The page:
HL Deb 06 August 1888 vol 329 cc1636-8

, in rising to ask Her Majesty's Government, Whether tenants desirous of purchasing their holdings under the provisions of the Purchase of Land (Ireland) Act, 1885, are compelled to borrow a substantial portion of the purchase money, although they were desirous of paying the whole sum themselves, and are under no necessity to contract a loan; and whether, if this be so, they will take steps to remove this impediment to the working of the Act, said, that he himself wished to purchase a certain farm which was held by a tenant for life through the means of the machinery of the Land Purchase Act, because that method was more simple and cheaper than purchasing in any other way. He communicated the facts to the Land Purchase Commissioners, and they informed him that it was absolutely necessary that he should borrow a substantial sum from them in order to purchase the farm. He replied that he would borrow a trifling sum, although he was under no necessity to borrow any of the purchase money; but they insisted that a substantial portion of it should be borrowed in compliance with the terms of the Act of Parliament. If this was really so it seemed a very singular thing. He felt sure that there were many thousands of tenants in Ireland who were perfectly able to buy their holdings, and that they would do so if peace and quietness were assured; and if they were certain that an end would be put to the perpetual interference by Acts of Parliament between them and their landlords, upsetting their contracts and disturbing everything. This was especially the case in the North of Ireland; and he was quite certain that if this difficulty in reference to the necessity for borrowing a substantial portion of the purchase money had been brought before the Royal Commission which had inquired into the working of the Irish Land Acts, and of which he was a Member, unquestionably they would have recommended its removal. While on the subject of the Land Purchase Act, he could not refrain from expressing his earnest hope that nothing would be allowed to interfere with the working of this most beneficent Act. He could recollect a great many other Acts passed relating to land in Ireland, and, while he would not say that none of them had done any good, he would say that this was the only one with which everyone was satisfied. North and South, East and West, from all classes of the community, the testimony in its favour was most remarkable, and it would be little short of a calamity if it were allowed to drop just as it was getting a fair chance by the establishment of law and order in the country.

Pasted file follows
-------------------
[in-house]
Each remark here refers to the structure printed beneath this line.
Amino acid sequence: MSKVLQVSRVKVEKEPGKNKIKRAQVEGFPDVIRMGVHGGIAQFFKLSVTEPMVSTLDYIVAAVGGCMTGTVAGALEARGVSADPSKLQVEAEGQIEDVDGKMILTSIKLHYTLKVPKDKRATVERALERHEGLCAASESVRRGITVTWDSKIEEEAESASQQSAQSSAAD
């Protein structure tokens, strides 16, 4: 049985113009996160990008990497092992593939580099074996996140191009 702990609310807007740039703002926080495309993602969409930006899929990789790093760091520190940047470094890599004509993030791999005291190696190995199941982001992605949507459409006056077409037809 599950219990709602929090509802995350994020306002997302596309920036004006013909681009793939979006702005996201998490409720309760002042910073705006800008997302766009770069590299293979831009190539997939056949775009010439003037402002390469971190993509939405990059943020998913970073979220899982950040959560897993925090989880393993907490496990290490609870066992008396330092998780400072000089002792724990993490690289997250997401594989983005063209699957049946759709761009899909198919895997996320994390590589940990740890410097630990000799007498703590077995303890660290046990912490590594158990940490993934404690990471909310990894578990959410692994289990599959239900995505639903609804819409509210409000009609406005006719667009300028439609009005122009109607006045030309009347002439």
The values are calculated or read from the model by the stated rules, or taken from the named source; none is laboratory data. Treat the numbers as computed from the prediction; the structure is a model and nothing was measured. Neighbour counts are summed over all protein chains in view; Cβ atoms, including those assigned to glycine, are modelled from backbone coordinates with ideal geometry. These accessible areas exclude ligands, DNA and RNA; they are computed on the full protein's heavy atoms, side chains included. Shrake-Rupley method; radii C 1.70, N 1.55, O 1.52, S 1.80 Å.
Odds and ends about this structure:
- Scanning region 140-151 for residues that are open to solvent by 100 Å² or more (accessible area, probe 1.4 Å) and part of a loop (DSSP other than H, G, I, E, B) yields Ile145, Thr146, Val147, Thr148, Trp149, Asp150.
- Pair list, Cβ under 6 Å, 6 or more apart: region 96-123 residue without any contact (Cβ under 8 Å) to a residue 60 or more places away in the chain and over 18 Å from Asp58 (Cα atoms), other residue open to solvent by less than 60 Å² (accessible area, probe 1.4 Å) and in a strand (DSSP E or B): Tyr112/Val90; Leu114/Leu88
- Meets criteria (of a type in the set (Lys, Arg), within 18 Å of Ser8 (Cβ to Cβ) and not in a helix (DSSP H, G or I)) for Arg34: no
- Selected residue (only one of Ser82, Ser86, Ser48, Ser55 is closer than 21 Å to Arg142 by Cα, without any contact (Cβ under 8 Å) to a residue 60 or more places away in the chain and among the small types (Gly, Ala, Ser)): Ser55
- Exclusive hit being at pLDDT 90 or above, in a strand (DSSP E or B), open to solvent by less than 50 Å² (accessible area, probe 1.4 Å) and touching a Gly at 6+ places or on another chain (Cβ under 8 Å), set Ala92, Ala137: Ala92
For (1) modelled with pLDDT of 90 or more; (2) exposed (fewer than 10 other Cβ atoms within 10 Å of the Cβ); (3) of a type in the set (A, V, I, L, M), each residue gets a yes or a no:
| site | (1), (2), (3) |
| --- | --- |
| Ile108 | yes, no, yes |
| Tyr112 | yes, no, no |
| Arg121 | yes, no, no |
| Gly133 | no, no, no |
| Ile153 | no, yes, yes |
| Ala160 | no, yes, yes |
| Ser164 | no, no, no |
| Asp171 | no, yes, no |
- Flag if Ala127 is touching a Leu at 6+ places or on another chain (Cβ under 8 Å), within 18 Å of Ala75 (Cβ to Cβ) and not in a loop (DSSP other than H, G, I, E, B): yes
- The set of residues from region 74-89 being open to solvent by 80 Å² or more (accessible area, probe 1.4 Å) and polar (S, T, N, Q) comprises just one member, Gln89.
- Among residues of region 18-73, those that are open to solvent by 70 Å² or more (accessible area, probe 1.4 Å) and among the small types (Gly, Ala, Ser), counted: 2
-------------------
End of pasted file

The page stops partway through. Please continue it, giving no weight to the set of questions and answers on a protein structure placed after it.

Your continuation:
said, the facts of the case mentioned by the noble Earl were previously unknown to the Irish Government, and they were not aware of the grounds upon which the difficulty to which he had referred was raised. The facts of this case having now been laid before the Government, they would investigate the matter and give the noble Earl an answer on a future occasion.